I have come across this tricky problem. An array of N elements should be converted to another array within k operations such that, distinct element's frequency should be

  • Equal and
  • A largest possible prime number

e.g. [2, 2, 2, 3, 3, 4] and k = 3 Here element 4 can be converted to 3 in one operation and by doing so, the frequency of all elements will be equal to (3) and that is the largest possible prime number we can get.

Another eg. [1, 1, 1, 1, 2, 2, 2, 6] and k = 3 we can convert two 1s into any new number x in 2 operations and convert one 2 to 6 in one operation. By doing so, the frequency of elements will be equal (2) and that is the largest possible prime number we get.

Also, we have to check whether it is possible within k operations.

Please help me out :) I couldn't understand the math behind these type of problems i.e. Min/Max no of operations required etc.,

Edited to add below steps tried so far:

1) Find the list of prime divisors of N which is less than N. for example, if N = 6 there are two prime numbers which can divide N i.e. 3 and 2 and if N = 8 there is only one prime number that can divide 8 that is 2.

2) Example no. 1, Take the other factor of largest found prime divisor, that will become the number of distinct elements in the array. i.e. N = 6 divided by prime 3 (the largest) is 2 and yes we need only 2 distinct numbers with frequency 3.

3) Take e.g. 1, the frequencies are [2]=3, [3]=2, [4]=1 comparing the first two frequencies. How to actually come up with required no.of operations to make the target array of two distinct elements of frequencies 3 ?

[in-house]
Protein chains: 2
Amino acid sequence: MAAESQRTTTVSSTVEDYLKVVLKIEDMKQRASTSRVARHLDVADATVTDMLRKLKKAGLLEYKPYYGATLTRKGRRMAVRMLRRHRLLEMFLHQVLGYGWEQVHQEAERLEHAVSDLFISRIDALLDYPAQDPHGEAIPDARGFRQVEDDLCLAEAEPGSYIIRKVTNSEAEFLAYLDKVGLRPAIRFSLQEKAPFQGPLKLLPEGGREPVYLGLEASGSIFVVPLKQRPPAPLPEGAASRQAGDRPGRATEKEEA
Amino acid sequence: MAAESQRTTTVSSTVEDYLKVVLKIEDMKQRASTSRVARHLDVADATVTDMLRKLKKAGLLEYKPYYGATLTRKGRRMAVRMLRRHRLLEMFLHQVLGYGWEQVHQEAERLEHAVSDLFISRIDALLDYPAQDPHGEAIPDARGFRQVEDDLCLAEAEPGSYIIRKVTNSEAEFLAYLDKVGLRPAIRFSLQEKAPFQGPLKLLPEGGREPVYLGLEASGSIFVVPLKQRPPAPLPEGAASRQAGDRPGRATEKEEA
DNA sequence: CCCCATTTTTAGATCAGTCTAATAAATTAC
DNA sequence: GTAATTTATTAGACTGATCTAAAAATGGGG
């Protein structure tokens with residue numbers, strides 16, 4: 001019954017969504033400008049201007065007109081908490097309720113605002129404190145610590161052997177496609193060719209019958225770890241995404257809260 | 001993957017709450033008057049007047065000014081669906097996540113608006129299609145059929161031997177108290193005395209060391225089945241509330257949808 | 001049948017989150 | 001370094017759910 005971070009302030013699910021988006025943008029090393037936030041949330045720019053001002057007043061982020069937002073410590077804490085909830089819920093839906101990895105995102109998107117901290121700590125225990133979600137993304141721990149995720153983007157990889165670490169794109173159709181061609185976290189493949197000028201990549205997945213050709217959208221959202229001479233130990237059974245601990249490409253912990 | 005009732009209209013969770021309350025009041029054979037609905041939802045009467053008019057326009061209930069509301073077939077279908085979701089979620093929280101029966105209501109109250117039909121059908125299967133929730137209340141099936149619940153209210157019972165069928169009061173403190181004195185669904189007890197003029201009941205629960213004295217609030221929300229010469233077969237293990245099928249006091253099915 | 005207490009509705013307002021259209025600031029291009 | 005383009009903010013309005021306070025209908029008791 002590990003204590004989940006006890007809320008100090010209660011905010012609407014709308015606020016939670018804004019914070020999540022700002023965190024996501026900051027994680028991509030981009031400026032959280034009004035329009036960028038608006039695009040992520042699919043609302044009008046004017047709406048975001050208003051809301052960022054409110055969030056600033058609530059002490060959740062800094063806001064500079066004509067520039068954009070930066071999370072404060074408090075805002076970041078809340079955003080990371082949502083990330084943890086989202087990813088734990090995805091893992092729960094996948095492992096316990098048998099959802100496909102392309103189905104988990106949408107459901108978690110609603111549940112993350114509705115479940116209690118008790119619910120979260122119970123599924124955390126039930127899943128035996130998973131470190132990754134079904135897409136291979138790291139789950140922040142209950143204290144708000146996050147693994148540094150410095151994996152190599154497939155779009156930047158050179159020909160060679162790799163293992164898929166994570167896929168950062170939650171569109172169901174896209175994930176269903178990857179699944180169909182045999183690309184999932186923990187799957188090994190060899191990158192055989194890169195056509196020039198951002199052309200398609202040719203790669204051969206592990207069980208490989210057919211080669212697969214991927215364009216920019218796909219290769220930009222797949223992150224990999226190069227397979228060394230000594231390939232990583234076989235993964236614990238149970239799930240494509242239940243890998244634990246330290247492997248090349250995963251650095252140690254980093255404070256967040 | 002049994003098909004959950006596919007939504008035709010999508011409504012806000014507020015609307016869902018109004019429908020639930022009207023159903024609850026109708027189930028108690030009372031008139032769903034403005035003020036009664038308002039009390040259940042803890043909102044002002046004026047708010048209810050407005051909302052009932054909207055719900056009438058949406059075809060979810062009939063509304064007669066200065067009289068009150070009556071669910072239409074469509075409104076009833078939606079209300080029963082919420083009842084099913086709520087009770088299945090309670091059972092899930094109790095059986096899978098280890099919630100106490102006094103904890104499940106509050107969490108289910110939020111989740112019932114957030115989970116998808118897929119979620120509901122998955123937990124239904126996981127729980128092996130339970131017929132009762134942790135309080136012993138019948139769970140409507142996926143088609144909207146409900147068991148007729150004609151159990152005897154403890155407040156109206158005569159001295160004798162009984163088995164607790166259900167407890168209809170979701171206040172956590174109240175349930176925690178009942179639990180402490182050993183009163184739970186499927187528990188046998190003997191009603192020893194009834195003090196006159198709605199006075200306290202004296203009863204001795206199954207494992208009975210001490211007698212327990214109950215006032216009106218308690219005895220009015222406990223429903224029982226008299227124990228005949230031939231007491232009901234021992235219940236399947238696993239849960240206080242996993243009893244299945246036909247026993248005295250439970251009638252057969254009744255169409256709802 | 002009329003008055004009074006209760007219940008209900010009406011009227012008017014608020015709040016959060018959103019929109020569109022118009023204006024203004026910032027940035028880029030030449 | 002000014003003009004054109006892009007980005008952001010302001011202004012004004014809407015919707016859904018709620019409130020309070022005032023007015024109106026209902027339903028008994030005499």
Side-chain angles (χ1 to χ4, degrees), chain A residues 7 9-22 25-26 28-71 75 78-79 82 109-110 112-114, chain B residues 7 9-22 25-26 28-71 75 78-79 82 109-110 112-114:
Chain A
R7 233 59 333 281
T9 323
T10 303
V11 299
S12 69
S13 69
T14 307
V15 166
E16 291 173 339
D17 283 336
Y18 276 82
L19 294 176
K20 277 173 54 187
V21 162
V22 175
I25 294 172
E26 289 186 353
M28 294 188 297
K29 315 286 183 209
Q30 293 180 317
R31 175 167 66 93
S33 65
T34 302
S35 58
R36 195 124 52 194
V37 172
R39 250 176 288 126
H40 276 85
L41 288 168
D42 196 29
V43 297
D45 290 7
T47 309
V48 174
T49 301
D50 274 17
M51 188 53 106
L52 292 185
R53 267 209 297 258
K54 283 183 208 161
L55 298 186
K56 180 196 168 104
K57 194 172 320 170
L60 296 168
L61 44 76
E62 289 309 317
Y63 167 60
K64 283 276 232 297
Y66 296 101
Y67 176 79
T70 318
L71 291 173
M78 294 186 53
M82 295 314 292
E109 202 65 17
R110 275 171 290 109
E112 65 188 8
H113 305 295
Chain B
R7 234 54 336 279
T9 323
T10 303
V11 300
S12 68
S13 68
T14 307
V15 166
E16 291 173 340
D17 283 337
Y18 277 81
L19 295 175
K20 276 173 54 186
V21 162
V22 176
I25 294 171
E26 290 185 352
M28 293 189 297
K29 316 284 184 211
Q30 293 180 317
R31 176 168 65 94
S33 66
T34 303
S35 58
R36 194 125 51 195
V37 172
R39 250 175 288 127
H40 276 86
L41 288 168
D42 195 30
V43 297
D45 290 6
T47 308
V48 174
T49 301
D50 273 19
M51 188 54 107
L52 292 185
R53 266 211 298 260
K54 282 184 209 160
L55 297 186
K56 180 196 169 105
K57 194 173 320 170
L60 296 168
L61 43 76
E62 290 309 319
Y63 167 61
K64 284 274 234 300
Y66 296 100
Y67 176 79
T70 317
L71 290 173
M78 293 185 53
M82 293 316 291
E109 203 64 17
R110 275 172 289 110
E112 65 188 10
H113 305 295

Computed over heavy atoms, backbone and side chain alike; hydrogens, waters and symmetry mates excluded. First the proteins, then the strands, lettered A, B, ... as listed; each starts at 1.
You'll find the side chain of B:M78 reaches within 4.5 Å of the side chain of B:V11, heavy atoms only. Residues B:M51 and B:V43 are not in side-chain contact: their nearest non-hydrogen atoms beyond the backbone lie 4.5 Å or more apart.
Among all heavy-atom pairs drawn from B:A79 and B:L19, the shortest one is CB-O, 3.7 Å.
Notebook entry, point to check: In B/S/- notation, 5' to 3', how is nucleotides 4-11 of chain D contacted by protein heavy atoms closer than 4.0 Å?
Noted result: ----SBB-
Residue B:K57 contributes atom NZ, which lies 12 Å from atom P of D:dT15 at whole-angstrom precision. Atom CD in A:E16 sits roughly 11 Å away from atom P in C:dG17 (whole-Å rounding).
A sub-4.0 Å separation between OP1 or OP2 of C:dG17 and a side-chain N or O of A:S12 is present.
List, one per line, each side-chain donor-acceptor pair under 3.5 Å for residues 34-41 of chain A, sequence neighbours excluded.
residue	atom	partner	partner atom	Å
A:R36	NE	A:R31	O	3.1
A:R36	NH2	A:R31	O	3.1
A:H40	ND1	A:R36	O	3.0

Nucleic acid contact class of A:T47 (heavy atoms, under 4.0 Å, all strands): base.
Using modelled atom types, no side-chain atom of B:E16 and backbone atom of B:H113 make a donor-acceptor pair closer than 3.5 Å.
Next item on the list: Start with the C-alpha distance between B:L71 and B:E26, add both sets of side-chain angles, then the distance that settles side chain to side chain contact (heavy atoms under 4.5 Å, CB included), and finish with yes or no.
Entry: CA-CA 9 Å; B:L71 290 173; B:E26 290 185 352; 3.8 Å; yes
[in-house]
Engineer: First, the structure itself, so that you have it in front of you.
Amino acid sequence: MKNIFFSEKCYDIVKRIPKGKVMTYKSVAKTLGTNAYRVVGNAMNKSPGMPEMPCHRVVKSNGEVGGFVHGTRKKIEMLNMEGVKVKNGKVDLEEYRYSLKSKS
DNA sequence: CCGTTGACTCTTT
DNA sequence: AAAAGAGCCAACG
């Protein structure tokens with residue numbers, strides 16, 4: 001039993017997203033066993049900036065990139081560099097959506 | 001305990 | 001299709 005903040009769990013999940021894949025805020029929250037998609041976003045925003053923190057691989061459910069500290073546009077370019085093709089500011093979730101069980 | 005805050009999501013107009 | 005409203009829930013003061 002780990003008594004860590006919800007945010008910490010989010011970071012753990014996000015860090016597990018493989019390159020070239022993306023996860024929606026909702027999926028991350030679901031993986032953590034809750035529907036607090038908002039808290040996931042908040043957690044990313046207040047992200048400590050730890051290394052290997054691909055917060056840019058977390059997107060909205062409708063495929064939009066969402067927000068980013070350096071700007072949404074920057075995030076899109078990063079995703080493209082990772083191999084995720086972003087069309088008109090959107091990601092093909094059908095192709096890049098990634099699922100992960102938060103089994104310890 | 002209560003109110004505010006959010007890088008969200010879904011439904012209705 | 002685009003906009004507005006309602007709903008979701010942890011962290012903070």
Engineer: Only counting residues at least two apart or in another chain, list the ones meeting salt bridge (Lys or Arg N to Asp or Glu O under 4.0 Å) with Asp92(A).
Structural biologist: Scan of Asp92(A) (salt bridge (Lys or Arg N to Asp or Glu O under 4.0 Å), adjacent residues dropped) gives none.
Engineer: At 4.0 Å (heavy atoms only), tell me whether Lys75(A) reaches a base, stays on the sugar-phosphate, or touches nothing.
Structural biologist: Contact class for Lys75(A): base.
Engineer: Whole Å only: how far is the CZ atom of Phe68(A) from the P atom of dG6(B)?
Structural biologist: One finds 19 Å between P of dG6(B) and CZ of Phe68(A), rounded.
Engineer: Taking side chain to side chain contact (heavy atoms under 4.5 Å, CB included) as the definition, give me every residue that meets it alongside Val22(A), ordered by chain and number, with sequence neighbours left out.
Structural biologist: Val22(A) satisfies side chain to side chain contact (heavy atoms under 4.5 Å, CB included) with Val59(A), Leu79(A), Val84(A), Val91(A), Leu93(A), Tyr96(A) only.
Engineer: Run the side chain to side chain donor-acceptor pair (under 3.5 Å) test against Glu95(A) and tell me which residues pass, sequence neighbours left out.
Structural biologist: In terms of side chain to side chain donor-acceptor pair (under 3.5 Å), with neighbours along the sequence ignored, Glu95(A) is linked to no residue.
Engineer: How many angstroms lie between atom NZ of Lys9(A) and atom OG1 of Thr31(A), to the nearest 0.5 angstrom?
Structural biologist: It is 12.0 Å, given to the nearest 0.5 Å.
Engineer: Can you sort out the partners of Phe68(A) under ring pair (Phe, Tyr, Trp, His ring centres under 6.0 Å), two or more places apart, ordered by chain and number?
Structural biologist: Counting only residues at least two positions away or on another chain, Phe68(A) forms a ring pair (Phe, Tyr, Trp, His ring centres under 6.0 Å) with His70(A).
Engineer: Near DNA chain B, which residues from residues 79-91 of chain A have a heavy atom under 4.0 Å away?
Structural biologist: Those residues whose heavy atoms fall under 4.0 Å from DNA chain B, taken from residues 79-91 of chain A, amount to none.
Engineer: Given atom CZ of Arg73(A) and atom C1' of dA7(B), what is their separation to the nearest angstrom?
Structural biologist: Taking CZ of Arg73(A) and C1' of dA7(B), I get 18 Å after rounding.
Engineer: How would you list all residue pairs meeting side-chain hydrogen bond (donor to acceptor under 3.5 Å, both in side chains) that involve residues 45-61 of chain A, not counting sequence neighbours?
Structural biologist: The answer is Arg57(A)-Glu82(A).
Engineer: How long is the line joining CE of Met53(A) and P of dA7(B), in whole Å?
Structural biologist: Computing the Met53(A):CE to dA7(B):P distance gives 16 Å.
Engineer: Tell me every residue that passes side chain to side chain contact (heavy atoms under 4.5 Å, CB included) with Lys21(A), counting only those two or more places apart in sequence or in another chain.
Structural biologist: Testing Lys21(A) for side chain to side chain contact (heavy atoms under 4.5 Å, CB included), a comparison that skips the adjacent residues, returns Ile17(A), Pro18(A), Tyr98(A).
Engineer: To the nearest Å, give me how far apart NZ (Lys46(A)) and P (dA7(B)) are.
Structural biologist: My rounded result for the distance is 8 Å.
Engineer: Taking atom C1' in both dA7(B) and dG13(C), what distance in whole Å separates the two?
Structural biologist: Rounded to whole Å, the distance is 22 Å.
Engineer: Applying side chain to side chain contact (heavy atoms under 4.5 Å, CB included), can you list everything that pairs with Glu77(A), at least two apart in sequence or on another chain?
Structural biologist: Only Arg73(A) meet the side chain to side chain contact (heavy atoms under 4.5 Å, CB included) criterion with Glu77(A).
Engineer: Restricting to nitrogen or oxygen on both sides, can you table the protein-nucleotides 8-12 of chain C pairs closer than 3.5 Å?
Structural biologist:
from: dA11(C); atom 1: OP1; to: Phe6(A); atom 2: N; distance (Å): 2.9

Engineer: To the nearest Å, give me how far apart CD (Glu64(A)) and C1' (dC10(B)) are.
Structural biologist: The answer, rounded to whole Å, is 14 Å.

• Whether by comparing each item from sorted(descending) frequency list with the largest prime divisor and add to HashSet and the number of operations is the sum of all HashSet values? In example no. 1, compare 3 with [2]=3 the difference is 0, compare 3 with [3]=2 the difference is 1. So, the num of operations will be 1 (0+1) ignoring the additional distinct elements frequencies.

Apply the same to example 2, and we need to add zero for new distinct element and ignore it.

After this I couldn't proceed because I thought I'm bit overthinking. Please try yours and help me.

Would really appreciate if a mathematical form/notation is defined for the above approach.

  • 1
    $\begingroup$ Please edit the question to add a reference to the original problem. $\endgroup$ – John L. Mar 2 '19 at 20:21
  • 2
    $\begingroup$ Have you thought about the simpler problems? For example, given k, how can you decide whether it is possible to change the array to an array where distinct element's frequency are the same? where the frequency is as large as possible? $\endgroup$ – John L. Mar 2 '19 at 20:27
  • $\begingroup$ I see a divisibility problem: please make me see the Computer Science angle. (A problem being presented as an assignment in some CS course doesn't make it a CS problem. Neither does being tasked to code a solution.) $\endgroup$ – greybeard Mar 3 '19 at 7:37
  • $\begingroup$ If you already know what the largest possible prime number is, can you solve the problem? $\endgroup$ – xskxzr Mar 3 '19 at 8:36
  • $\begingroup$ @xskxzr added some steps, please find whether it is useful and am I in the right direction to solve ? $\endgroup$ – Gokul E Mar 3 '19 at 11:17

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